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Stopping Smoking

Smoking has a huge effect on your health and it can cause, or worsen, several different chest, heart and stroke conditions including:

Why give up smoking?

Stopping smoking is one of the best things you can do for your health.
If you smoke 20 cigarettes a day, you’re 6 times more likely to have a stroke than a non-smoker. It also doubles your risk of having a heart attack, and 1 in 4 long-term smokers will develop the chest condition COPD.
Cigarette smoke contains thousands of harmful chemicals. These chemicals make the walls of your arteries rough and sticky. As a result, fatty material in your blood sticks to the walls of your arteries and builds up over time. This leads to increased risk of stroke or heart problems.
The chemicals in smoke destroy lung tissue and irritate your airways. Extra mucus is also produced in your lungs, and smoking affects the ability of your lungs to clean out this extra mucus. As a result, you will find it harder to breathe, will cough more, and may develop a serious chest condition.

The benefits of stopping smoking

The benefits of stopping smoking start as soon as you quit. The risks to your health start to decline as quickly as 20 minutes after your last cigarette!

Some of the main benefits of stopping smoking include:

  • Reducing your risk of developing a serious health condition.
  • Saving money. If you smoke 20 cigarettes a day, you could save on average £3,500 every year. Home, life and car insurance may also be cheaper.
  • Protecting your friends and family from ill health caused by second-hand smoke.
  • Reducing your children’s chances of developing bronchitis, pneumonia, asthma, meningitis and ear infections from breathing in your smoke.
  • Improving you breathing, fitness, sense of taste, breath, fertility, skin and teeth.

How to stop smoking

At first it may feel overwhelming to think about stopping smoking. But try to think about the future and make the decision to take a positive step towards better health.
You can do it! Different approaches to giving up smoking suit different people, so find one that works for you. There is a lot of help and support available to help you give up the habit.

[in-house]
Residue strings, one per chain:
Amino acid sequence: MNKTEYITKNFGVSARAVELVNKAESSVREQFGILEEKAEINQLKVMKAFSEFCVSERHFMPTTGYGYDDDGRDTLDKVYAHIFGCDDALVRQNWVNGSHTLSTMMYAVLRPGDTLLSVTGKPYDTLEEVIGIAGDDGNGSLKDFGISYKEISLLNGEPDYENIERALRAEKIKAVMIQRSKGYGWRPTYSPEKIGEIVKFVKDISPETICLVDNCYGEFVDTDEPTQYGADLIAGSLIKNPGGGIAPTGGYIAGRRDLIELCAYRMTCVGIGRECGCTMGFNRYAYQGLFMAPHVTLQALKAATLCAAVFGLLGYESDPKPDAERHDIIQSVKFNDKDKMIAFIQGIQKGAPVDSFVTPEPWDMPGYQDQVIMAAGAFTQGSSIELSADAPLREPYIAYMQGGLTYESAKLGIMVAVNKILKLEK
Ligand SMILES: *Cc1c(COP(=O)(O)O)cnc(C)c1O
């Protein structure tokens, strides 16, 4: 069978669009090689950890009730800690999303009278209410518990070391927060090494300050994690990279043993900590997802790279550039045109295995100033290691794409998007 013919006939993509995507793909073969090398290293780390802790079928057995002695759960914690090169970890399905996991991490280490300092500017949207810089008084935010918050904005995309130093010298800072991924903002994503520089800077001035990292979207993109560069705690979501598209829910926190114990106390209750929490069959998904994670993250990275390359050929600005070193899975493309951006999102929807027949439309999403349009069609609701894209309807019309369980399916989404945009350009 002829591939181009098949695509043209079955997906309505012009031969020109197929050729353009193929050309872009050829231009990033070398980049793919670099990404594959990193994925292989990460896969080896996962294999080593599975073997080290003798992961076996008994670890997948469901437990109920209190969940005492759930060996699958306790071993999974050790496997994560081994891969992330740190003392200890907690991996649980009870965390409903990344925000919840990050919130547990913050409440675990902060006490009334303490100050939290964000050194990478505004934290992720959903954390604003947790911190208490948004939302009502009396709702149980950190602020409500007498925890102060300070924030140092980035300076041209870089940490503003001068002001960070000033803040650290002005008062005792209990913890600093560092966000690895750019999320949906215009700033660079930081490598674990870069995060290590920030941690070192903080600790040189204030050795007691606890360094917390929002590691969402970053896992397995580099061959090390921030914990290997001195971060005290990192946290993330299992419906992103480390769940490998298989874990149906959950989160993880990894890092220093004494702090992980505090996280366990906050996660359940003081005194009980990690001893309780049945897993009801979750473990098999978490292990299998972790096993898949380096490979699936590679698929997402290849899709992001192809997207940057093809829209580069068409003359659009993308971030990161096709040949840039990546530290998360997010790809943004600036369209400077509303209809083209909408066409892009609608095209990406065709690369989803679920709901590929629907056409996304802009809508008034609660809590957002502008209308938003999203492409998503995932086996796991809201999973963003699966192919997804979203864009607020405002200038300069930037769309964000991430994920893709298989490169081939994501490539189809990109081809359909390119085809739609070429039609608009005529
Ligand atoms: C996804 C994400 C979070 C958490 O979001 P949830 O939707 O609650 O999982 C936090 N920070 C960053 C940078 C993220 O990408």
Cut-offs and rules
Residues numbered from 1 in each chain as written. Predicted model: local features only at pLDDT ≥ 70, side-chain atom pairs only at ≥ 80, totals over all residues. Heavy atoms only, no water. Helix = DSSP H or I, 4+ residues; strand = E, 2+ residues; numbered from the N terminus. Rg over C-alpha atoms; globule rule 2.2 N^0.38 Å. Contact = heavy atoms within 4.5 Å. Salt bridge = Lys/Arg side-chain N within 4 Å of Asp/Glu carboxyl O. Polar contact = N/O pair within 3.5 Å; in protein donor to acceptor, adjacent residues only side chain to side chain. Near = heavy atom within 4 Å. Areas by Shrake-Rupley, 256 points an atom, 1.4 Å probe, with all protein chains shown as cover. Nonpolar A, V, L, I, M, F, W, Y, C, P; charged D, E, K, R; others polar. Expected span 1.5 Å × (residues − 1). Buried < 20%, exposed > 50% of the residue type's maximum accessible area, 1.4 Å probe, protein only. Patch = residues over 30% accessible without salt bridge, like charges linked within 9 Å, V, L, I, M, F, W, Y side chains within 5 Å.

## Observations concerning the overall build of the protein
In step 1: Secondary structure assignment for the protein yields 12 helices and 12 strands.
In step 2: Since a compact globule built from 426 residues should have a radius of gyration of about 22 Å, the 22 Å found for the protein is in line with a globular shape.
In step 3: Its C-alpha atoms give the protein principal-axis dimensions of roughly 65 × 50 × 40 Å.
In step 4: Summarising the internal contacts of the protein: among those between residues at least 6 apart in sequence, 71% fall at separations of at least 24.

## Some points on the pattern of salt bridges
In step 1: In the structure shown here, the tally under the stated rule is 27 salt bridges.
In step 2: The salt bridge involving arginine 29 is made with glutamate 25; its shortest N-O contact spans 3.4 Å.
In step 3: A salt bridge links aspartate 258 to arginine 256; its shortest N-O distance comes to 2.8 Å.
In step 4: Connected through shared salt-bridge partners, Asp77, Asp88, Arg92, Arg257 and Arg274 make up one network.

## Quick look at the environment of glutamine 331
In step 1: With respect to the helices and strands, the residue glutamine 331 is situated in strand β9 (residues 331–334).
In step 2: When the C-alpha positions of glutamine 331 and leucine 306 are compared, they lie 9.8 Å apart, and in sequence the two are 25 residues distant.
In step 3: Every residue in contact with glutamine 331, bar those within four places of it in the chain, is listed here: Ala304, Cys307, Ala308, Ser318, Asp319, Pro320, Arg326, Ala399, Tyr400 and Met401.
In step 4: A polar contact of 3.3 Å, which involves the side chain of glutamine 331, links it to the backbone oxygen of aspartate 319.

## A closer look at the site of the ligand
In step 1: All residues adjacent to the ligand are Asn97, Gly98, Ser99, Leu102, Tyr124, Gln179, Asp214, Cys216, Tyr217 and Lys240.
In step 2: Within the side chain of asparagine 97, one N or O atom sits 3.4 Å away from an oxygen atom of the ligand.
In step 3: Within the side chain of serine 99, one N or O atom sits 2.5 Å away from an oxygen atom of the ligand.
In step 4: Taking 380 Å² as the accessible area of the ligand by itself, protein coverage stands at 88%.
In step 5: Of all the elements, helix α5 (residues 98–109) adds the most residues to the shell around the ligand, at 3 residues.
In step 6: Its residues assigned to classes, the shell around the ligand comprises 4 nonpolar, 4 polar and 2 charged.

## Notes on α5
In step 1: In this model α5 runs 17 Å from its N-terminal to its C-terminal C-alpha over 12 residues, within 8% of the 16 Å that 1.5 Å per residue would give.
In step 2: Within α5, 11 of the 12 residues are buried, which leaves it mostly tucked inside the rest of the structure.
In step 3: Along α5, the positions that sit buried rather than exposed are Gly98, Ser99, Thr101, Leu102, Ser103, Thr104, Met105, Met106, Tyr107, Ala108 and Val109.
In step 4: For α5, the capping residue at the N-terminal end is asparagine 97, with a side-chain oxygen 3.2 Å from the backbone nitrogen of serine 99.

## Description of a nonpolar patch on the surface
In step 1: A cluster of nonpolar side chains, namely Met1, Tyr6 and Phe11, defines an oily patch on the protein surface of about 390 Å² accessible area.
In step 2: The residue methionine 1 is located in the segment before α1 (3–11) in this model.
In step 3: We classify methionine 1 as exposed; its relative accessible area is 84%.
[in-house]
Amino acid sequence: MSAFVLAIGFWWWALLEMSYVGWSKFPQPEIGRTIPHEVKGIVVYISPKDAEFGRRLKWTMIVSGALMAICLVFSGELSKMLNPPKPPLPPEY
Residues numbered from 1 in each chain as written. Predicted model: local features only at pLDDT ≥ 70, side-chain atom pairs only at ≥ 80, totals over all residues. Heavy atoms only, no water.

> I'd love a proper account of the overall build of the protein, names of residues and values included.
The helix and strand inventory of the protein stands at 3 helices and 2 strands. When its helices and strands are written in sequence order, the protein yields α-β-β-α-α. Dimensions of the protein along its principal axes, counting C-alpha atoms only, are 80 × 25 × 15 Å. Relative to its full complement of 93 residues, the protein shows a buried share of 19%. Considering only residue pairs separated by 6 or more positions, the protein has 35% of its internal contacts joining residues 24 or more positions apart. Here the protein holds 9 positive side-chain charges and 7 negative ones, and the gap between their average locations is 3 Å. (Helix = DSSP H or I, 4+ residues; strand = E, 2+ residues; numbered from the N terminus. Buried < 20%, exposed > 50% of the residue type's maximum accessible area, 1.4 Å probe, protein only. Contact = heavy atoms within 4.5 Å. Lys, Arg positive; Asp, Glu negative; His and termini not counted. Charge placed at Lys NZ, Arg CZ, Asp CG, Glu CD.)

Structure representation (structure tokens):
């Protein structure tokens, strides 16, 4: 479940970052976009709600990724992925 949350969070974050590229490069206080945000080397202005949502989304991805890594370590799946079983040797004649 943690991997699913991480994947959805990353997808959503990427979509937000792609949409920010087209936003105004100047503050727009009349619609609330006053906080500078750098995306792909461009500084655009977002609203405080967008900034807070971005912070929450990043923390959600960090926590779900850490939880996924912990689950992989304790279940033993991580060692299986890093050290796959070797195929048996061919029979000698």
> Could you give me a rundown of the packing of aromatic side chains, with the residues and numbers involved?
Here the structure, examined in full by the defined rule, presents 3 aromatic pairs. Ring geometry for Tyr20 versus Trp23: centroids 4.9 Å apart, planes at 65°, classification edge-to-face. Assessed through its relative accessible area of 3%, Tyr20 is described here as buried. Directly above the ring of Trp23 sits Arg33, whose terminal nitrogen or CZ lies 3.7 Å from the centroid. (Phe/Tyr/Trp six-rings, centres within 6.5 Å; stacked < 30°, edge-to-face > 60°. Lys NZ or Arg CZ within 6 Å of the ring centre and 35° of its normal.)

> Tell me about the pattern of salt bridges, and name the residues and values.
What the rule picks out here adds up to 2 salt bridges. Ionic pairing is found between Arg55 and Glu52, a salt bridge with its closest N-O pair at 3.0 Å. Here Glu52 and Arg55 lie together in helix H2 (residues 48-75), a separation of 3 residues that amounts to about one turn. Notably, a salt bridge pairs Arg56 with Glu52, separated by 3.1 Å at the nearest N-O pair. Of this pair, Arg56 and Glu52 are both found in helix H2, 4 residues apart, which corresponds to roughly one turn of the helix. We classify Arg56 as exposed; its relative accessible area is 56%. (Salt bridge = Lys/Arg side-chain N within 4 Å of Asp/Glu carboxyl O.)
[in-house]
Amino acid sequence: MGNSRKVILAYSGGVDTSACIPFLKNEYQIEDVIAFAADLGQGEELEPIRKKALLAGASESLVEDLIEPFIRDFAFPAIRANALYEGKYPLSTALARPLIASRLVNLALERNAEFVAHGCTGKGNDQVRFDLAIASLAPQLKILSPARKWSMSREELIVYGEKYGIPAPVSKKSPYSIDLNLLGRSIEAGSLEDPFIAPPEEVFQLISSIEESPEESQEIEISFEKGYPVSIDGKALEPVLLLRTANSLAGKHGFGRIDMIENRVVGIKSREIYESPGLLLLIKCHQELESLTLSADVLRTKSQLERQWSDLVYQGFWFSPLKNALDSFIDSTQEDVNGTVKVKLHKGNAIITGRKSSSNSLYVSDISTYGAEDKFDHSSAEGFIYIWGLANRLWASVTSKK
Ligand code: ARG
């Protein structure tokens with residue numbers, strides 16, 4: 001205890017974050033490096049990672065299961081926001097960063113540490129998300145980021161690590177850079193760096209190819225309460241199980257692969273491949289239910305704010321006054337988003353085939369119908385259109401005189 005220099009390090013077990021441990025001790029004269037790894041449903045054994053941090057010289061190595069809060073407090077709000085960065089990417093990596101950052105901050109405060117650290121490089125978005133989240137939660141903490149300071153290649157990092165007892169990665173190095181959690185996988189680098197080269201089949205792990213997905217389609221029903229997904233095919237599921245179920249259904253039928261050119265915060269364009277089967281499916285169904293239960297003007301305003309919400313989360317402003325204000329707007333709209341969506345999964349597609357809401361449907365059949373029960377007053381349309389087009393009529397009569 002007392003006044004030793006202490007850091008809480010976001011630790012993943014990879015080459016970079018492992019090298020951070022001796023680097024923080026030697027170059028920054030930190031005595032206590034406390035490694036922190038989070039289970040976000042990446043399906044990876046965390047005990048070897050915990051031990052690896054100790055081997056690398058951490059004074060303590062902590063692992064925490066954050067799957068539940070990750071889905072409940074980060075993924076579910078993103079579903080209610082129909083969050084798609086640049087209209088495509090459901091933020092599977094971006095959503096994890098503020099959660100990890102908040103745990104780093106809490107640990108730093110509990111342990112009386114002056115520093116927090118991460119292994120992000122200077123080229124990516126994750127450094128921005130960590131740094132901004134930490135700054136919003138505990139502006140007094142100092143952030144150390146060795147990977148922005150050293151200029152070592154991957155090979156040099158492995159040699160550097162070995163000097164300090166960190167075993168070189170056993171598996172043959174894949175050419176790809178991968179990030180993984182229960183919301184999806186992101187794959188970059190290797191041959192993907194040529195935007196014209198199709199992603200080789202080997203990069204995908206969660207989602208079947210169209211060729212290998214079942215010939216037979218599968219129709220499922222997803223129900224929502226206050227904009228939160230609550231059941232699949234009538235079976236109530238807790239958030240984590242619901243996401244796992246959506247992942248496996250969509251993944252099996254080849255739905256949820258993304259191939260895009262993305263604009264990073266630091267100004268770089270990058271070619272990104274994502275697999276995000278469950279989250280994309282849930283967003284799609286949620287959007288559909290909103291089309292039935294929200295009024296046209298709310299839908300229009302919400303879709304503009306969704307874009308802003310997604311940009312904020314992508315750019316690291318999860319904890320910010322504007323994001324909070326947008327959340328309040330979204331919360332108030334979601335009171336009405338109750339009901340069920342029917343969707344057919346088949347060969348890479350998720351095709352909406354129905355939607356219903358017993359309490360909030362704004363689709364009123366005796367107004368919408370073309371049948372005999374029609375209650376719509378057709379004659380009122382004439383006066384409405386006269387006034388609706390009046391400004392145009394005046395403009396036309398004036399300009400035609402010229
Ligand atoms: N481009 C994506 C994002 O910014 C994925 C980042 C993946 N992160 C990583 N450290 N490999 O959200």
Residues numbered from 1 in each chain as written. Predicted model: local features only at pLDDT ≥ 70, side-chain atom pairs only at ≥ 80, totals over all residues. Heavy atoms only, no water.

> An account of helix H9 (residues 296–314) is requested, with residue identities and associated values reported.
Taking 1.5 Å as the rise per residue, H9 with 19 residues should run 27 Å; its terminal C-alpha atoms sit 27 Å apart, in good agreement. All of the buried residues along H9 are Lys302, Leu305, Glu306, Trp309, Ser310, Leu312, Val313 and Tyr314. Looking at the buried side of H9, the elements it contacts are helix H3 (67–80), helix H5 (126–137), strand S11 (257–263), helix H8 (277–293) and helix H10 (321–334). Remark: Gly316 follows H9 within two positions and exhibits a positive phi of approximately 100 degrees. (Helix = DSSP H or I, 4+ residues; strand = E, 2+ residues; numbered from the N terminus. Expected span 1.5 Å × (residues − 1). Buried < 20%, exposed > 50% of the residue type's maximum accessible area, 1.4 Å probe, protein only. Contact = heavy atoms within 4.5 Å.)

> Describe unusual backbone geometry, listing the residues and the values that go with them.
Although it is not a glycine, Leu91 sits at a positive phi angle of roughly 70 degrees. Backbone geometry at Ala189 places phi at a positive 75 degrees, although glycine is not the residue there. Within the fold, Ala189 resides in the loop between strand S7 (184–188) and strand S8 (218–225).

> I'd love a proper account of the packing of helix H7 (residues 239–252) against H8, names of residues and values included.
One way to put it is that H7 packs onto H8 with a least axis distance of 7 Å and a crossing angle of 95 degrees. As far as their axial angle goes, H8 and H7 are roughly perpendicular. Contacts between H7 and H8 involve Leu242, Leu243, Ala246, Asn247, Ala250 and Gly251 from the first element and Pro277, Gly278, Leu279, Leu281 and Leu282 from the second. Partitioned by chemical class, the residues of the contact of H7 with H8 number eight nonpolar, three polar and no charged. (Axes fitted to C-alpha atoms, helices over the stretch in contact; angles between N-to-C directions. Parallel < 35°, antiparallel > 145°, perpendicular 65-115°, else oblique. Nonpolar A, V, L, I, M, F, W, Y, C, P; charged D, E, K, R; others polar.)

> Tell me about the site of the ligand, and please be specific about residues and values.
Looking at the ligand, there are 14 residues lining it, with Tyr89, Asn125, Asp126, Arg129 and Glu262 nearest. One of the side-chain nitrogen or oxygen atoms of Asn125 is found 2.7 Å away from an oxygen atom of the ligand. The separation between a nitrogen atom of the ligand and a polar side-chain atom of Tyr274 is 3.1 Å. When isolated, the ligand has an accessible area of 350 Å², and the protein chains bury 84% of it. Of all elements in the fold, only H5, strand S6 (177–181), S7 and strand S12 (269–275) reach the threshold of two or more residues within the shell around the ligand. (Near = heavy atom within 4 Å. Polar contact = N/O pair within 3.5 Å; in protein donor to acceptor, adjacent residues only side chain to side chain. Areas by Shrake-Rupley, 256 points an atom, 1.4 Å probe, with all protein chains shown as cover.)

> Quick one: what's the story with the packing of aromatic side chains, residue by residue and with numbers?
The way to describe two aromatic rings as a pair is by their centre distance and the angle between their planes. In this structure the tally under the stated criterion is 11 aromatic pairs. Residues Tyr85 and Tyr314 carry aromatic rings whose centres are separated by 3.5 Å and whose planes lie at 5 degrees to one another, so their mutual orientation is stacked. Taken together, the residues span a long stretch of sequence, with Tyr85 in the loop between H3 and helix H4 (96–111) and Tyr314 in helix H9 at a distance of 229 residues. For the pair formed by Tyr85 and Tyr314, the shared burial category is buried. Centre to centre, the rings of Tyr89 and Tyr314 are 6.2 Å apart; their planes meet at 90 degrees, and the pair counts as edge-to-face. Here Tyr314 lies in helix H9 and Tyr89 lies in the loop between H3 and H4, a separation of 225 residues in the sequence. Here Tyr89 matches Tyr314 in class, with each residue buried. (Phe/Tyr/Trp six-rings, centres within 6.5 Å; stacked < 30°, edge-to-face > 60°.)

Here are our top tips to help you stop smoking:

  • Start planning and prepare to stop. List all your reasons for wanting to stop. Look at the list regularly.
  • Work out your smoking habits and be prepared to make changes to your routine.
  • Set a date to stop.
  • Pick support that suits you. For example, online help, local support programmes, phone support and family and friends.
  • Plan activities and distractions for when you might feel the need to smoke.
  • Set goals and reward yourself when you get there.
  • Keep a record of how much money you are saving and/or how many cigarettes you have avoided smoking since stopping.
  • Stay positive and tell yourself that you are going to succeed!

Nicotine in smoke is addictive. When you stop smoking it takes 3 to 4 days for nicotine to fully leave your body. Be prepared for the first few days to be among the most difficult – you may feel irritable, restless or have a low mood. You may also find it difficult to concentrate or sleep.
The craving for a cigarette usually only lasts 3 to 5 minutes and will pass. Stay strong! These cravings will reduce.

Help to stop smoking

Don’t be afraid to ask for help. You are four times more likely to stop smoking with professional help and medication – you don’t need to do it on your own.
In Scotland, support to stop smoking from your local NHS stop smoking service is free. These services are available across the country.
Your GP or pharmacist can also offer help and advice to help you stop. You may be offered medication such as nicotine replacement therapy (NRT).
If you feel it would be helpful, ask your family and friends for support. This can make a big difference.

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